If you haven’t already entered this week’s giveaway, enter a comment on this post.  The winner will be selected at random and announced on Friday.  Good luck!

Negotiating in Business-Land

The Boss-E side of my personality is making a major appearance this week.  I’m in Southern California at my corporate office for meeting after meeting after meeting.  Actually, I’m typing this on the airplane….wishing the mild gut-wrenching turbulence would stop.  For my own safety and the safety of those around me, I better remain seated.  After all, I don’t want to spill this plastic cup of Minute Maid on the nice man beside me, causing widespread panic like Snakes on a Plane. 

For most of the week, my company will be updating its Business Plan and Business Model.

  • Business Model = spreadsheet that shows a company’s budget and cash flow.
  • Business Plan =  how a company operates in its field (marketing, staffing, production, sales, etc.).

For my entire career, I’ve always been at the negotiating table with men.  I’ve worked hard to get where I am, but I still think they need me there to balance out the testosterone levels.  All I can say is, it’s been both interesting and frustrating. 

If most women are like me, we simply don’t approach negotiations the same way.  For men, it’s a battle to be won…against the economy…against the competition…against the forces of nature.  If my business partner shows up to the meeting tomorrow in a suit of armor, I wouldn’t be surprised.  Women, on the other hand, don’t come bearing armor.  Plus, it’s not very fashionable in this century.

If you think about it, a lot of situations require negotiation…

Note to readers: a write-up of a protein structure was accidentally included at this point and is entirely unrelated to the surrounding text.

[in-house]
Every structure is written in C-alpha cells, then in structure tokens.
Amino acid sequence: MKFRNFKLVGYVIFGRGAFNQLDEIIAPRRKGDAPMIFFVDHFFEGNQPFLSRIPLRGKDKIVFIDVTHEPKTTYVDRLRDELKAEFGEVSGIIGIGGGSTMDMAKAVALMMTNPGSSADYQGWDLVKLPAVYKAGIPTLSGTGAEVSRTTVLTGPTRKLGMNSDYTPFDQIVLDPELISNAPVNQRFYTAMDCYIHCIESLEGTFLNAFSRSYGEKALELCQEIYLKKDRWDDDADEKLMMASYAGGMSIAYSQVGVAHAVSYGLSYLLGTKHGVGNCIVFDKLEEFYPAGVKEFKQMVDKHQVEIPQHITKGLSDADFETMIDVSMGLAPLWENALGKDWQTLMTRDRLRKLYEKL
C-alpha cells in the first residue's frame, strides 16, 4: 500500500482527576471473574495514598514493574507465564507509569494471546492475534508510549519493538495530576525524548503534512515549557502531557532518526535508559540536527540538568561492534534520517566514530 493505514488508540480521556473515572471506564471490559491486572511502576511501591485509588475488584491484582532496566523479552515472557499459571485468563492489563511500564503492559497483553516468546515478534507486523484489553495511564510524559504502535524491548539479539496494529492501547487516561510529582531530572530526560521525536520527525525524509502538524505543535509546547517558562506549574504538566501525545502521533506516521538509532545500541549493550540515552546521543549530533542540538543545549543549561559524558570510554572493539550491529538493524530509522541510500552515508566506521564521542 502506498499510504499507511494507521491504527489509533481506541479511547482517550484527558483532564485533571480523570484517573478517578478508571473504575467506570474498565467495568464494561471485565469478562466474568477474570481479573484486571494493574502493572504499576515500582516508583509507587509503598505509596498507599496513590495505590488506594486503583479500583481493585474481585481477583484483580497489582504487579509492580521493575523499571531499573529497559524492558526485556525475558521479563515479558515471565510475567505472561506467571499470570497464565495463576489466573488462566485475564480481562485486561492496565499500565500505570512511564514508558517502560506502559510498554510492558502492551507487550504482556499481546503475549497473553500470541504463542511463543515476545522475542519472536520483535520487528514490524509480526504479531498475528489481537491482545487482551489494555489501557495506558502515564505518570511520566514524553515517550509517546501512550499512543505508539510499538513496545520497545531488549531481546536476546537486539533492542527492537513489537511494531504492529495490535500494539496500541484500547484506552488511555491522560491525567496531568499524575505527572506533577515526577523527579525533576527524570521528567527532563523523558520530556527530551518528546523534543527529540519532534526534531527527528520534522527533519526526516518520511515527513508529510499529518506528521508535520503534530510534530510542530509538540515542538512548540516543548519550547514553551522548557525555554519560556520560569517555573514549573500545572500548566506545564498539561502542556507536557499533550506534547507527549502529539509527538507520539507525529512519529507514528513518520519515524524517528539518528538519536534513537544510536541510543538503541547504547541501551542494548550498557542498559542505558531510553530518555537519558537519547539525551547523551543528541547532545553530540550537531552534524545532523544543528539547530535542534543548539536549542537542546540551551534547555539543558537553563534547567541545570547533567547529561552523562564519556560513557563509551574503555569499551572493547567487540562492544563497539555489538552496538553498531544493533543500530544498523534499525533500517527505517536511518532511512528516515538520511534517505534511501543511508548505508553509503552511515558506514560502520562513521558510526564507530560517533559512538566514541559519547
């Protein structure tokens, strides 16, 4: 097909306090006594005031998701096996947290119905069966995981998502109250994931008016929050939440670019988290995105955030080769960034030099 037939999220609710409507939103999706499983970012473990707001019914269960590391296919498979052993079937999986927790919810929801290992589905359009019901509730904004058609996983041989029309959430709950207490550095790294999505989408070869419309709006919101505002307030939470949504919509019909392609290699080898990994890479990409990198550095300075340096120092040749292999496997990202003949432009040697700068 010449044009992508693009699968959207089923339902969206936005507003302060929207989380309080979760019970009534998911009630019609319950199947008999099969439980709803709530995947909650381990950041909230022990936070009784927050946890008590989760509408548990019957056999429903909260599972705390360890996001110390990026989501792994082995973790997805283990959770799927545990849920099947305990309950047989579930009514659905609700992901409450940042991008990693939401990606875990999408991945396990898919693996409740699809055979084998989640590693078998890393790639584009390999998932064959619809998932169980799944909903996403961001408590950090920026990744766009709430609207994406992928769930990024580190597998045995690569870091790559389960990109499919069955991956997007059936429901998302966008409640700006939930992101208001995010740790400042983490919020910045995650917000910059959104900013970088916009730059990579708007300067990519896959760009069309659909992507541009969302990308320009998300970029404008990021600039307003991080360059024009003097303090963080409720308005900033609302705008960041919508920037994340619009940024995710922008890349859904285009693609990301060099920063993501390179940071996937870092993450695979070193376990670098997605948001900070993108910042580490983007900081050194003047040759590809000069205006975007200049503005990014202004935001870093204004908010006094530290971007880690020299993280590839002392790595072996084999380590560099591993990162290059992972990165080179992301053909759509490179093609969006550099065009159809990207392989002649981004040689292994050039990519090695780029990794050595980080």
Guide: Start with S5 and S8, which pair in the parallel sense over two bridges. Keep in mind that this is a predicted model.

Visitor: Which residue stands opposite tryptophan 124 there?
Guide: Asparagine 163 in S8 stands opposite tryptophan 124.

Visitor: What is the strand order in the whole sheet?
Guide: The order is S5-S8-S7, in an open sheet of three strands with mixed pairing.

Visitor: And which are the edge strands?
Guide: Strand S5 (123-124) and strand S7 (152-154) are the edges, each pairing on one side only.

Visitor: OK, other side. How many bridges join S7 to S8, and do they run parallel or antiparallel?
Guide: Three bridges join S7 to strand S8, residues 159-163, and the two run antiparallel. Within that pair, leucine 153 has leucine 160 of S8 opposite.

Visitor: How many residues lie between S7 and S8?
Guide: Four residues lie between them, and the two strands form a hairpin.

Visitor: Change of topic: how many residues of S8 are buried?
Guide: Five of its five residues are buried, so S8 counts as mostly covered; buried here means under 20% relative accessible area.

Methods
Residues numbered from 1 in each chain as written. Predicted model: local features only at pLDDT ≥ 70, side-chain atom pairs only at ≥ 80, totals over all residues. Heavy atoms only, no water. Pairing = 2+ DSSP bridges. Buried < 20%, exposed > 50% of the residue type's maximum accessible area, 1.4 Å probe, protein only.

Man:  I want barbecue ribs for dinner.

Wife:  I’d rather have baked chicken.  I have a new dress on today and ribs are too messy.

Man:  I said I want ribs.

Wife:  Well, I said I don’t.

Man:  Then I guess you won’t be eating, because I’m making the damn ribs.

A lump forms in your throat.  Tears well up behind your eyes.  Your man doesn’t care about you or your new Ann Taylor halter-dress.  He didn’t even notice that you spent half the day doing laundry and cleaning the kitchen.  Your face feels hot.  You can’t hold it back…and….

Wife:  Wheeeeeeeeeeeeeeeeeeeeeeeeeeeeeeeeeeeeeeeeeeeeeeeee!

Man:  Okay, we’ll have the chicken.

The thing about us girls is that it’s hard for us to take the sappy emotion out of an argument or heated negotiation.  We want peace.   We want to find the middle-ground.  The guys can get in each others’ faces, name-call, and still be best buds when it’s  all said and done.  I can’t even imagine crying at a business meeting, but it’s still hard for me to be an emotionless shell just because I’m in a conference room talking arguing about budgets.  Come to think of it, maybe the armor would help.  At least no one would see my mascara running behind the face shield.

How do you react when your opinion is challenged?  Are you are good negotiator?